Tag Archives: South Africa

South Africa: ‘Assault’ charges dropped against Richard Spoor for ‘pointing [a general] with a finger’

March 28, 2019

Richard Spoor speaks to Minister of Mineral Resources Gwede Mantashe at a Xolobeni community meeting on 23 September. Photo extracted from video shot by the Amadiba Crisis Committee.

The prominent human rights lawyer found himself in a chaotic encounter with Gwede Mantashe last year.

Charges against prominent public interest lawyer Richard Spoor have been withdrawn.

Spoor was charged with unlawfully and intentionally assaulting a police general “by pointing him with a finger”; disobeying an order by the police general to “keep quiet and not advance to the podium”; and “waiving hands” at an unnamed MEC (actually a national cabinet minister), and talking while the “MEC” was talking and “pointing him with a finger” [sic all].

The charges – described by Spoor’s legal representative as “a persecution and not a prosecution” – stemmed from an incident-filled visit by Mineral Resources Minister Gwede Mantashe to Pondoland last September.

Here, many of the local Amadiba community are opposing an attempt by an Australian mining company to extract titanium from the mineral-rich coastal dunes in their traditional heritage and communal land at Xolobeni.

Spoor, from White River in Mpumalanga, has represented the anti-mining Amadiba Crisis Committee community group for the past 12 years.




Kenya: The Kenyan Judiciary Strikes “Terror” Again in the Hearts of African Dictators

January 14, 2019

It is not too early to pass judgment that the Kenyan Judiciary along with the South African judiciary are the leading judicial lights in Africa in terms of exercising judicial autonomy and independence. This article deals with the very important decision by the Kenyan High Court on December 14, 2018 in relation to an opposition politician which demonstrates the significant advances in the calibre and independence of the Kenyan judiciary, a decision which is not conceivable anywhere else in Africa except South Africa.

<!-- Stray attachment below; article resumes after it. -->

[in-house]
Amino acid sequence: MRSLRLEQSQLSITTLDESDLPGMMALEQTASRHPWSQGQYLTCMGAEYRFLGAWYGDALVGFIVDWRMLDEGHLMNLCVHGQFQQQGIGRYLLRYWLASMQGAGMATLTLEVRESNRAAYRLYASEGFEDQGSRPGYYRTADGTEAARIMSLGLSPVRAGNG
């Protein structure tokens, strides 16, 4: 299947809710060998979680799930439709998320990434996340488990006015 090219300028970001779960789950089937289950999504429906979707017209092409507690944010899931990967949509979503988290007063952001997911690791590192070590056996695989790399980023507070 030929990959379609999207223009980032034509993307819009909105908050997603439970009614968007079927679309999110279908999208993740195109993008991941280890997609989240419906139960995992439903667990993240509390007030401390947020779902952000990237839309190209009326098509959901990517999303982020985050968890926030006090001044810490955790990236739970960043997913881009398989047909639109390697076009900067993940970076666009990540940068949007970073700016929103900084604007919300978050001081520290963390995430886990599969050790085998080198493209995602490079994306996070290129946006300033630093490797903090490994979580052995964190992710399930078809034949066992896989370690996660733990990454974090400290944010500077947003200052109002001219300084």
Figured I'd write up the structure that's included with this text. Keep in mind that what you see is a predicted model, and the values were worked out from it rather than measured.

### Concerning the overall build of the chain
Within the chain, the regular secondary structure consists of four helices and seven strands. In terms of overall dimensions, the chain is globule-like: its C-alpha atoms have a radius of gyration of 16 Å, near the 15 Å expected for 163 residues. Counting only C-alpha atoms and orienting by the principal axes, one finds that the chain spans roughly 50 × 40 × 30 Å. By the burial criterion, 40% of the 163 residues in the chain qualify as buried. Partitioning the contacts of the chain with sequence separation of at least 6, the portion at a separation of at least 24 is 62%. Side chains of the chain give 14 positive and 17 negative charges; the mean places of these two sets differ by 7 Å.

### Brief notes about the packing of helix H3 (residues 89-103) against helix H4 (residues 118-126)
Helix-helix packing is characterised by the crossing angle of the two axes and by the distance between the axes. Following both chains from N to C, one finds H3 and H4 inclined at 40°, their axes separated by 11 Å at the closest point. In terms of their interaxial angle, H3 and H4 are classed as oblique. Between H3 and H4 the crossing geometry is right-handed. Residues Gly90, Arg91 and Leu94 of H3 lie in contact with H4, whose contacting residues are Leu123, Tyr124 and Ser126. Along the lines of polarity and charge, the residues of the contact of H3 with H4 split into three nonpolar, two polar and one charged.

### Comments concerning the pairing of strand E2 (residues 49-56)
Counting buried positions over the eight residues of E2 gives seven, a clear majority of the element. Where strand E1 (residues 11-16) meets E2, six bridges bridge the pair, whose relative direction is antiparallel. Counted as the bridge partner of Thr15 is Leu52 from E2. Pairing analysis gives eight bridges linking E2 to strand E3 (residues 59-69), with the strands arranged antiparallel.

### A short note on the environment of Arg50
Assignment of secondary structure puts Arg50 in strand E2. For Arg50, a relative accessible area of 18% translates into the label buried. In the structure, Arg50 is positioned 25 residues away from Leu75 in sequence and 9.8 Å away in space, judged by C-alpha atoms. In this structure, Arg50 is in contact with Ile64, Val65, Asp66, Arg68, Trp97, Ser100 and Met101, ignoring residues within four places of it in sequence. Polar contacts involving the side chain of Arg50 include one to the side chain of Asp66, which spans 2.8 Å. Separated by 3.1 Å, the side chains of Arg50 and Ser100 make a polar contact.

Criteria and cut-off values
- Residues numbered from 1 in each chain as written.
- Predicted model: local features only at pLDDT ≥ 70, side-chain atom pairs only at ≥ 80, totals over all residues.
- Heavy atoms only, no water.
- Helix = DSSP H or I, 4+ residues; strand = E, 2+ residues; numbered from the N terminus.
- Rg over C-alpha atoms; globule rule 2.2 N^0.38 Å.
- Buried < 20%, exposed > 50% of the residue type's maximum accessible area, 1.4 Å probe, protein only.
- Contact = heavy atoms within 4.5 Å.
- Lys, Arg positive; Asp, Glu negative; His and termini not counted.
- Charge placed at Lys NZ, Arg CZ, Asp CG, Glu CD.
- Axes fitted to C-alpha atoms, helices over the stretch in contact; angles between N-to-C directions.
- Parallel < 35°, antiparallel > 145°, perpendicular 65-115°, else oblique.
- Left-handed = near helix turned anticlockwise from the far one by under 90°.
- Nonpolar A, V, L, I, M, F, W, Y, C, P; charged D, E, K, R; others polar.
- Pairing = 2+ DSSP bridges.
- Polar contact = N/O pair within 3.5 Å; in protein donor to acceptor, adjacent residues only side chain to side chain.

The decision relates to one lawyer Miguna Miguna who was forcibly deported twice back to Canada by the Kenyan government on account that he was not a Kenyan citizen as he had allegedly lost his citizenship when the constitution was amended in 2010. In early 2018, the Kenyan government disobeyed all types of judicial orders to release Miguna who had been detained. They put him back in the plane twice and deported him.

Miguna started the long distance legal struggle from Canada to overturn government decisions and to make the government pay for the monumental human rights violations inflicted on him. He hired Kenyan lawyers who laboured without pay for their colleague. At long last, on December 14, the decision was handed down: the High Court judge Justice Mwitwa ruled that Miguna never lost his Kenyan citizenship which he had acquired by birth and that the government had committed egregious acts by revoking his passport and had further indulged in torturous violations of his human rights. They must immediately reinstate his passport and allow him back into Kenya.

On top of this, the High Court ruled that the taxpayers must not be saddled with paying the damages and costs awarded to Miguna, the damages and costs must be borne out personally by the individual officers involved: the Attorney General, the Immigration Chief, the relevant Police Inspector General and several other named officers. US$70,000. And costs. This is huge in Africa. This is revolutionary. Such orders are rare. The last recent one in Africa was when the South African High Court ordered that Zuma must pay for the costs of all legal actions that he was involved in while he was President but for crimes he had committed as an individual.